It’s become a minor meme on the right that Obama keeps changing his tax plan – which is their way of suggesting that YOU(!!) could be the next person he taxes.
McCain said on Sunday on Meet the Press that under Obama’s plan those who are exempt keeps changing:
…now it’s $200,000. I guess last week it was $250,000. It changes with ever – whatever the polling data tells him and his advisers.
And now, over at The Corner, Mark Hemingway steams:
Wait, we’ve been hearing endlessly that Obama will never raise taxes on anyone making less than $250,000!
But that Krugman is saying it is for those heads of household with:
an income, after deductions, of $182,400 a year.
Of course, Hemingway’s source on this change in the Obama plan is Paul Krugman – who doesn’t describe it as a change, and who certainly isn’t someone who speaks for Obama’s campaign.
But the easier explanation is that either Hemingway and McCain are confused or they are being deliberately misleading. Obama’s tax plan calls for those individuals making under $200,000 to be exempt, and those married couples making under $250,000 to be exempt. Hence what McCain claims is inconsistency is in fact a consistent plan. As for Hemingway, he’s just a dumbass who read what he wanted into Krugman’s description.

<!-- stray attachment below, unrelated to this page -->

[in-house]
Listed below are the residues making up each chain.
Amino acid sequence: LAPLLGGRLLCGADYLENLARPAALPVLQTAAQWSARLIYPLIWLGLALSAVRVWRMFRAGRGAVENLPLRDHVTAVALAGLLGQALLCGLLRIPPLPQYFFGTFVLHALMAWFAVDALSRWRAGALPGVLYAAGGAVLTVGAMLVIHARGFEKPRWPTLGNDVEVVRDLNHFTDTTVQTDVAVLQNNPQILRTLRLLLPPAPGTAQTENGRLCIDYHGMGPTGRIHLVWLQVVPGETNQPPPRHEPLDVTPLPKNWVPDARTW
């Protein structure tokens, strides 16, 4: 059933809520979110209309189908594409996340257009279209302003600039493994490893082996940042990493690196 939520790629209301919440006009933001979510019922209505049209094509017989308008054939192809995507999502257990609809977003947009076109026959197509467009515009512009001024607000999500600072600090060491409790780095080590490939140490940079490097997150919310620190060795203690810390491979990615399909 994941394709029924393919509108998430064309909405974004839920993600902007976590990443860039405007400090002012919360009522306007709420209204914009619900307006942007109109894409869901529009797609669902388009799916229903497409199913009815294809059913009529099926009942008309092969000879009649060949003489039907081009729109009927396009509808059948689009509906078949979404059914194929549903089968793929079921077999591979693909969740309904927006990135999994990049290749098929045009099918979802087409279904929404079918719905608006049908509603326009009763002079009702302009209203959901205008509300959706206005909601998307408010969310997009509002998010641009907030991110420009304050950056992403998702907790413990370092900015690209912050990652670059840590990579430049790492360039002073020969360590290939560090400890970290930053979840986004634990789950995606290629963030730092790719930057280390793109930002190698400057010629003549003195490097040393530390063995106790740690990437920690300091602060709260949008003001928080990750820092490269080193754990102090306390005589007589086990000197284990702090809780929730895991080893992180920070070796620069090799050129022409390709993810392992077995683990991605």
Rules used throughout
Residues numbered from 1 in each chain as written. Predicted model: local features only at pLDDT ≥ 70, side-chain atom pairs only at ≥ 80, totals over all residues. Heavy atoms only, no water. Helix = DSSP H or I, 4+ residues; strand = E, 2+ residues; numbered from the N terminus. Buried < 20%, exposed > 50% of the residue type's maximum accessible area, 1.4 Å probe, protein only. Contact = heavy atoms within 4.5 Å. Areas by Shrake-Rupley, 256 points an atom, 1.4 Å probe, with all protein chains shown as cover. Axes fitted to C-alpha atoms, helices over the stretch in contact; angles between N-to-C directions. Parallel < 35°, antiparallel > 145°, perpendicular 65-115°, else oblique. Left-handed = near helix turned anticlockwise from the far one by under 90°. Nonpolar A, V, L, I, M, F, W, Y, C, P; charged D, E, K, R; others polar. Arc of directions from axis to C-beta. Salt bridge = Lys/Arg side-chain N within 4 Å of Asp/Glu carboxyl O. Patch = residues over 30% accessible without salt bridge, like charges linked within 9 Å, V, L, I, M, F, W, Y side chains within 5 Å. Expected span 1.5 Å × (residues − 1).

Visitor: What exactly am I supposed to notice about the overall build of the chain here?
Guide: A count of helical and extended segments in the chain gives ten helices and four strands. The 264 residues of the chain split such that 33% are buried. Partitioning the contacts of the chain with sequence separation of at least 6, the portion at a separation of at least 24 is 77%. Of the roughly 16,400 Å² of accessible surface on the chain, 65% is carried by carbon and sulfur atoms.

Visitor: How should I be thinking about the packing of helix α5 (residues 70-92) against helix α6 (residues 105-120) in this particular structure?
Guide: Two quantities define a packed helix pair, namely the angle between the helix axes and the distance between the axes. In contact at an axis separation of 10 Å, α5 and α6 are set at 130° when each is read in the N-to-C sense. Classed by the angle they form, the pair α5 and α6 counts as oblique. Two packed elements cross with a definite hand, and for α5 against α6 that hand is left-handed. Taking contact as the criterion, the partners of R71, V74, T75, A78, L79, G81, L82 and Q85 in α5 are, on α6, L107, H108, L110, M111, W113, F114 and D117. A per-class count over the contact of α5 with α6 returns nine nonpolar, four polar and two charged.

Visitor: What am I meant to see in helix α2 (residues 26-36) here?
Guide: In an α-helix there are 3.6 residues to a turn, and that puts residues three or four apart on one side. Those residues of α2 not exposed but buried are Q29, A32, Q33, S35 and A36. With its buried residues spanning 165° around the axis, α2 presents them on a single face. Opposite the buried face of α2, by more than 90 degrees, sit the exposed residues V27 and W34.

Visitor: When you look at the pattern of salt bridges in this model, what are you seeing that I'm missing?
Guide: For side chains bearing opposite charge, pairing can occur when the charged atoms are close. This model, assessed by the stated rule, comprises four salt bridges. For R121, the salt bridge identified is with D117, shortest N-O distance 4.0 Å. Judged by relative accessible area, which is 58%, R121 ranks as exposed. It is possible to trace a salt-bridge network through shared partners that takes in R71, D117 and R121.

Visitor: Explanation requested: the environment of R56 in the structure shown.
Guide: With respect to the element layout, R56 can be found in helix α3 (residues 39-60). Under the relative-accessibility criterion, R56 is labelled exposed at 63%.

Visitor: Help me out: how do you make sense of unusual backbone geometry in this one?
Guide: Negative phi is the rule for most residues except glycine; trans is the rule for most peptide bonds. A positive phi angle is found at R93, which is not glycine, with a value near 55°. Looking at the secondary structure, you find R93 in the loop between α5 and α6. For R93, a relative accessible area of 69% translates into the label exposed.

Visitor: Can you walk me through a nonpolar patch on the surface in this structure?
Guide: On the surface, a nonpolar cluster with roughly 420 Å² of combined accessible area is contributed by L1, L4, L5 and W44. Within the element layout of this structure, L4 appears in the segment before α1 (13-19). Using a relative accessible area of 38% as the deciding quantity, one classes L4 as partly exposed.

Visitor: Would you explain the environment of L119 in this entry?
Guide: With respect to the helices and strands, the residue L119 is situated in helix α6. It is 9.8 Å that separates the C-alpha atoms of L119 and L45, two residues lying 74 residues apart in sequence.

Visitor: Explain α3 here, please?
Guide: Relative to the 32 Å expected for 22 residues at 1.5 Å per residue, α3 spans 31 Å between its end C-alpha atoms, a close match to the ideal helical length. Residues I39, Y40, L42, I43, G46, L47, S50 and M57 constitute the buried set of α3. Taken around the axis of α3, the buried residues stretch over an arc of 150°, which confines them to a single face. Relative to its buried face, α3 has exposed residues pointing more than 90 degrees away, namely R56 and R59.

I’m guessing that $182,400 after deductions is about $250,000 or more before deductions – as the difference is about 26% – lower than the average tax rate.
The question becomes – are these people deliberately trying to confuse others – or have they confused themselves by attempting to look for changes without understanding the underlying plan?
Update: Missed Byron York chiming in. He has the same issue – in an ad, Obama claims that he will cut taxes for any family making less than $200,000. York cries foul – he said $250,000 before. But again – the problem is he never looked at the plan which calls for a tax cut for those making below $200,000 with no additional taxes for those making between $200,000 and $250,000. Again – the plan is consistent. The descriptions of different parts of it vary – depending on whether you are saying whose taxes will be raised versus whose taxes will be cut, and other distinctions.
Updated again: Marc Ambinder of The Atlantic points out the same things I have.